Adam Hatefi received two violation points
On Friday, Jan. 12, the ASUCD Judicial Council held a hearing at 1 p.m. in the Mee Room of the Memorial Union that was called to order at 1:10 p.m. by Judicial Council Chair Ryan Gardiner.
The hearing regarded a complaint submitted by the Elections Committee early in Fall Quarter. Adam Hatefi, a third-year political science major and a prospective ASUCD presidential candidate began raising funds for the upcoming Winter Quarter elections in violation of the ASUCD Bylaws.
The hearing was open to members of the public and began with a petitioner’s statement made by Naeema Kaleem, the chair of the Elections Committee and a fourth-year sociology major. Also present were Judicial Council members Sydney Hack, a third-year international relations major, Aria Aghalarpour, a third-year political science major and Elections Committee Vice Chair Rodney Tompkins, a second-year psychology major.
The fundraising in question included a GoFundMe account linked to Hatefi’s Facebook page as well as events held at Blaze Pizza and Panda Express. The dates of these fundraisers fell outside of the election cycle, when Hatefi was not qualified as a candidate.
Hatefi’s statement justified his actions by drawing attention to SB 18, a bill introduced to the Senate table in Nov. 2016. The bill proposed for a change in text to the ASUCD Bylaws which would specify the permitted types of campaign donations. Hatefi claimed to have heard rumors of a Senate bill about to pass that would have allowed for fewer restrictions on campaign donations, so he moved forward with campaigning. Changes made to the Bylaws after SB 18 changed the text, but not the regulation itself.
The regulation violated is Bylaw 412 (c) (1) which reads: “Donations to a Campaign Executive’s Election fund shall only be accepted from ASUCD members. No group donations may be made to a Campaign Executive’s Election fund by any registered student organization. Three (3) campaign violation points shall be assessed for violating this subsection.”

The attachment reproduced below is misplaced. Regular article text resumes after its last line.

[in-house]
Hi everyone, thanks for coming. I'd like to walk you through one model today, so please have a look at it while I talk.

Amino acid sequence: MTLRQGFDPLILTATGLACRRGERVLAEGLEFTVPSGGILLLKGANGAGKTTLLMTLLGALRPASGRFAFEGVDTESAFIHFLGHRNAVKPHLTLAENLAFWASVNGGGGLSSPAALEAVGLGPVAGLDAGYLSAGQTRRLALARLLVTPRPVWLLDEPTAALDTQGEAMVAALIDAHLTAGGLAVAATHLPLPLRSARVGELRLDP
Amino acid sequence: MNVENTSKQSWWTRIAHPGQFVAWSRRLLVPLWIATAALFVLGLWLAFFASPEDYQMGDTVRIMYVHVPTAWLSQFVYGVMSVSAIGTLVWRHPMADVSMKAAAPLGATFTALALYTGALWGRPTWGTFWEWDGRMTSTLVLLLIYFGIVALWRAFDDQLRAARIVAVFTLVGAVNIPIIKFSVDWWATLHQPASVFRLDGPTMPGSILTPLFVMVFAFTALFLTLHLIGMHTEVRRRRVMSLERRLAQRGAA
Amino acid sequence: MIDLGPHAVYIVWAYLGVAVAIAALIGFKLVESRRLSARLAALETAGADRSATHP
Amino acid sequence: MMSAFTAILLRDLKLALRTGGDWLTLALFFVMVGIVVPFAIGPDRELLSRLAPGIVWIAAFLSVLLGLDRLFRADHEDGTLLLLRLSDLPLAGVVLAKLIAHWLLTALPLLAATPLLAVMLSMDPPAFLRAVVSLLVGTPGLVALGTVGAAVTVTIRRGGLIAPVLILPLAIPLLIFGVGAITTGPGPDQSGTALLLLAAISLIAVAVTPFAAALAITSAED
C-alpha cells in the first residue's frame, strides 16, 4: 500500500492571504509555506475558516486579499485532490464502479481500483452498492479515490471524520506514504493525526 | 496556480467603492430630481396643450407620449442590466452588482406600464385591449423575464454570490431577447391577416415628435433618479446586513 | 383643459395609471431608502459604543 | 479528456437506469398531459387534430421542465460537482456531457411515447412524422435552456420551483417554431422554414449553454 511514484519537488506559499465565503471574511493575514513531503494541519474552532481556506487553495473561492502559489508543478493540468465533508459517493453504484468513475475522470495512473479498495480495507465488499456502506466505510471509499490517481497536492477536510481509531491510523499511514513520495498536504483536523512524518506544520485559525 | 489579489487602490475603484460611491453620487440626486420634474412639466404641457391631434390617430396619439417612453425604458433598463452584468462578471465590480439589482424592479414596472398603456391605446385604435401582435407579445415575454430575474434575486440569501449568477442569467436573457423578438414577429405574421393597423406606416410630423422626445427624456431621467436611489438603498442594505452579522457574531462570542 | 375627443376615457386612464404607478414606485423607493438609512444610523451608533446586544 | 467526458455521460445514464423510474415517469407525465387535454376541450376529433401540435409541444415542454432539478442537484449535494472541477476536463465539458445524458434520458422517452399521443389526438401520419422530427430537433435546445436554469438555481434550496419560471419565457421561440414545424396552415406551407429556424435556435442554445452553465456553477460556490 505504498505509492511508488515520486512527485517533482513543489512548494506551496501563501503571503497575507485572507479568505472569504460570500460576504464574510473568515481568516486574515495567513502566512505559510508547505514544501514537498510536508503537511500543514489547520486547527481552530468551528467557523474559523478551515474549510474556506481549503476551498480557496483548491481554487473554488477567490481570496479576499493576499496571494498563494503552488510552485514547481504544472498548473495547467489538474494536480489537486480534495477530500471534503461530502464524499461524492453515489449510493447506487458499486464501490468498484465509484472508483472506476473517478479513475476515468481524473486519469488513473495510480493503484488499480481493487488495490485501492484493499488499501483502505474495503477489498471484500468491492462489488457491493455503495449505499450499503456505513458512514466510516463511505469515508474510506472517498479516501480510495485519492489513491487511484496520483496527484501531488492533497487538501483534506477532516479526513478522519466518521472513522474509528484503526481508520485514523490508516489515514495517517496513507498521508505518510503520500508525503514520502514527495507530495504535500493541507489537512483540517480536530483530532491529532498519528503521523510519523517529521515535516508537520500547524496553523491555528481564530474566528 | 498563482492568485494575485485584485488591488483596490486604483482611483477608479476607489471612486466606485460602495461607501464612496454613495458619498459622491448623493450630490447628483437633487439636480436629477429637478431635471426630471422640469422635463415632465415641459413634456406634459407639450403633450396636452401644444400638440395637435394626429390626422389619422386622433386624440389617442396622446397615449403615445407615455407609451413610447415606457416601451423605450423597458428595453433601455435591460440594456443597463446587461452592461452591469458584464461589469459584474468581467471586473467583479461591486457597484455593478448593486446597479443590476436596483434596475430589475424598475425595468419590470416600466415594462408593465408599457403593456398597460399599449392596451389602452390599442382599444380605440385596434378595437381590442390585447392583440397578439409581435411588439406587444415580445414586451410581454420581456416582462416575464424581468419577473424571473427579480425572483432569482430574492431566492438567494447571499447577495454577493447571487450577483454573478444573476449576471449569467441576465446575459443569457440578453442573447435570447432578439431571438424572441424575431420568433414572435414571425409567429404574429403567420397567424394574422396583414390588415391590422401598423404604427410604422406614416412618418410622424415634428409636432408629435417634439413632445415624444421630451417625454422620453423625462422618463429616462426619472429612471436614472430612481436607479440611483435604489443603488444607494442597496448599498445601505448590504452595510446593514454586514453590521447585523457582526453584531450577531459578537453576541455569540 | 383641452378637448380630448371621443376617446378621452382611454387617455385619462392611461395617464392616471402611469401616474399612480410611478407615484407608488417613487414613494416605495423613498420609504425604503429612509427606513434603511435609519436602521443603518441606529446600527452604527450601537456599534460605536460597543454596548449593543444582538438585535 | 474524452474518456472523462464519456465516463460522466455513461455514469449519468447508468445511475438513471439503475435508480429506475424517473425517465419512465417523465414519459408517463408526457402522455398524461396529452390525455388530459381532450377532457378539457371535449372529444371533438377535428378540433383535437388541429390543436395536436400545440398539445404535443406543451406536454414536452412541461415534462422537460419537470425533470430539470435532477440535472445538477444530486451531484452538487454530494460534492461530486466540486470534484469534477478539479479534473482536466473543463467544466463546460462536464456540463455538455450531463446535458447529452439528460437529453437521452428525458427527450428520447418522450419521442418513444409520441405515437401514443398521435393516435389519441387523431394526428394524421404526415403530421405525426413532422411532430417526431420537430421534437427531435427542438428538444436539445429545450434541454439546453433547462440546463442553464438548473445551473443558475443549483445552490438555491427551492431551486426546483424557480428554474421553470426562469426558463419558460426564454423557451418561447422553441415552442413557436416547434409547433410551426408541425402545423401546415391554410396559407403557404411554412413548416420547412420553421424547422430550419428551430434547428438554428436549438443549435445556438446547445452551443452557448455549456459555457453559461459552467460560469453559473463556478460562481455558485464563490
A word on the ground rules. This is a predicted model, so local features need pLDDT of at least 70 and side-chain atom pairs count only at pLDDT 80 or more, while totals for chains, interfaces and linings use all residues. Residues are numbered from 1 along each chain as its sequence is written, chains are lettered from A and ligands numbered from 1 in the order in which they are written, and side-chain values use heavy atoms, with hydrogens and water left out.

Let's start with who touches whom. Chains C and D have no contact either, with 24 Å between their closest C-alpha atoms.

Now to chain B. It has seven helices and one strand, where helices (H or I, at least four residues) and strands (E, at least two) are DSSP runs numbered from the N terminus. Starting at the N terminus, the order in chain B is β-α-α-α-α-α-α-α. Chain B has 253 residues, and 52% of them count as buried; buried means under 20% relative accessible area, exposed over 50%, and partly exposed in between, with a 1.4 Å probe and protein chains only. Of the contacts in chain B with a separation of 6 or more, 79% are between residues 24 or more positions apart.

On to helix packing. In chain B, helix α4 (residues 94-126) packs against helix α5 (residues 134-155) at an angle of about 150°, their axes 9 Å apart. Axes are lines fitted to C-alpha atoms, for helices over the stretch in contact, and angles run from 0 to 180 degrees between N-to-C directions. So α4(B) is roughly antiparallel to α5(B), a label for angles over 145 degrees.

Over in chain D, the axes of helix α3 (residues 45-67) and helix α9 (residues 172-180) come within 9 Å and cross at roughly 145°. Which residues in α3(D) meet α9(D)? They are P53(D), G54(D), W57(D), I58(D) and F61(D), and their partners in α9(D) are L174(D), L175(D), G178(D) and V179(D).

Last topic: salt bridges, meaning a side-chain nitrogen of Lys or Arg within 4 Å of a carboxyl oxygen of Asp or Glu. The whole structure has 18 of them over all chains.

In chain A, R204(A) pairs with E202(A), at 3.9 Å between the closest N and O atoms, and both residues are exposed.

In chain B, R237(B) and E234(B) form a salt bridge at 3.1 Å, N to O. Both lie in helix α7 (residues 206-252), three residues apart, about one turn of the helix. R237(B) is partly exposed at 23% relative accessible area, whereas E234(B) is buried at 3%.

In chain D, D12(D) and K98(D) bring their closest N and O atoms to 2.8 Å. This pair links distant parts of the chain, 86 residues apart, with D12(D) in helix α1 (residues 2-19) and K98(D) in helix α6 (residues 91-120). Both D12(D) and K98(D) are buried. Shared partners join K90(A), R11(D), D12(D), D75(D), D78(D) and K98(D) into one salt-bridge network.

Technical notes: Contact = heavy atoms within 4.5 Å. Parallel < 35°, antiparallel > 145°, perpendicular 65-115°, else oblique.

Hatefi was ruled to be in violation of the Bylaws for accepting donations from non-ASUCD members through his GoFundMe account. The defendant argued he did not solicit money from anyone and that the donations made by his family members were of their own volitions — offering signed statements from family members.
The prospective ASUCD candidate also argued that the Elections Committee failed to notify him of any complaint made against him, thereby invalidating the claim.
“Due to this being an atypical case in that it was not an official election cycle, the Elections Committee did not have jurisdiction over the case,” Kaleem said. “In other words, we were unable to go through the official complaint process outlined in Chapter 4 of the ASUCD Bylaws, as we don’t have authority over prospective candidates.”
The complaint was brought directly to the Judicial Council, revalidating the claim.
Hatefi provided documents of personal bank statements to the table saying all the money raised had not been transferred from the organizations that raised them into any personal accounts of his own. The money remains with the organizations who raised it and in the GoFundMe account. After repeated attempts to refund the money from the account, it proved impossible, and he speculated donating the money to charity.
A ten minute break began at 1:40 p.m.
After the hearing was reinstated, questioning continued. Hatefi described how he accepted donations under the names of “Logikos Advocacy,” a non-UC Davis affiliated group for which Hatefi is the executive director of, and “Aggies Online Network,” a student-run organization which he is a member of, to raise money at the restaurants he held events at.
The hearing ended for deliberation at 2:30 p.m.
The council unanimously decided Hatefi was in violation of the ASUCD Bylaws for accepting donations from non-ASUCD members through his GoFundMe account.
The money raised at Hatefi’s restaurant fundraisers were not moved to an election fund and once the context of ASUCD Bylaws remained unchanged, Hatefi notified the donors their money would not go to his fund, thereby avoiding another violation. Hatefi’s actions merited two violation points of bylaws. A third violation point will result in further assessment and possible ineligibility to run for an ASUCD office position.
“Running for office is one way to [make one’s voice heard], and it is the right of any member of the association to run,” Gardiner, the Judicial Council chair, said. “However, it is important that all candidates be given a fair and equal opportunity to exercise that right. Candidates should establish dialogue with the committee instead of just brushing them off. This particular situation probably could have been avoided if that dialogue was established.”
Written by: Elizabeth Mercado — email@example.com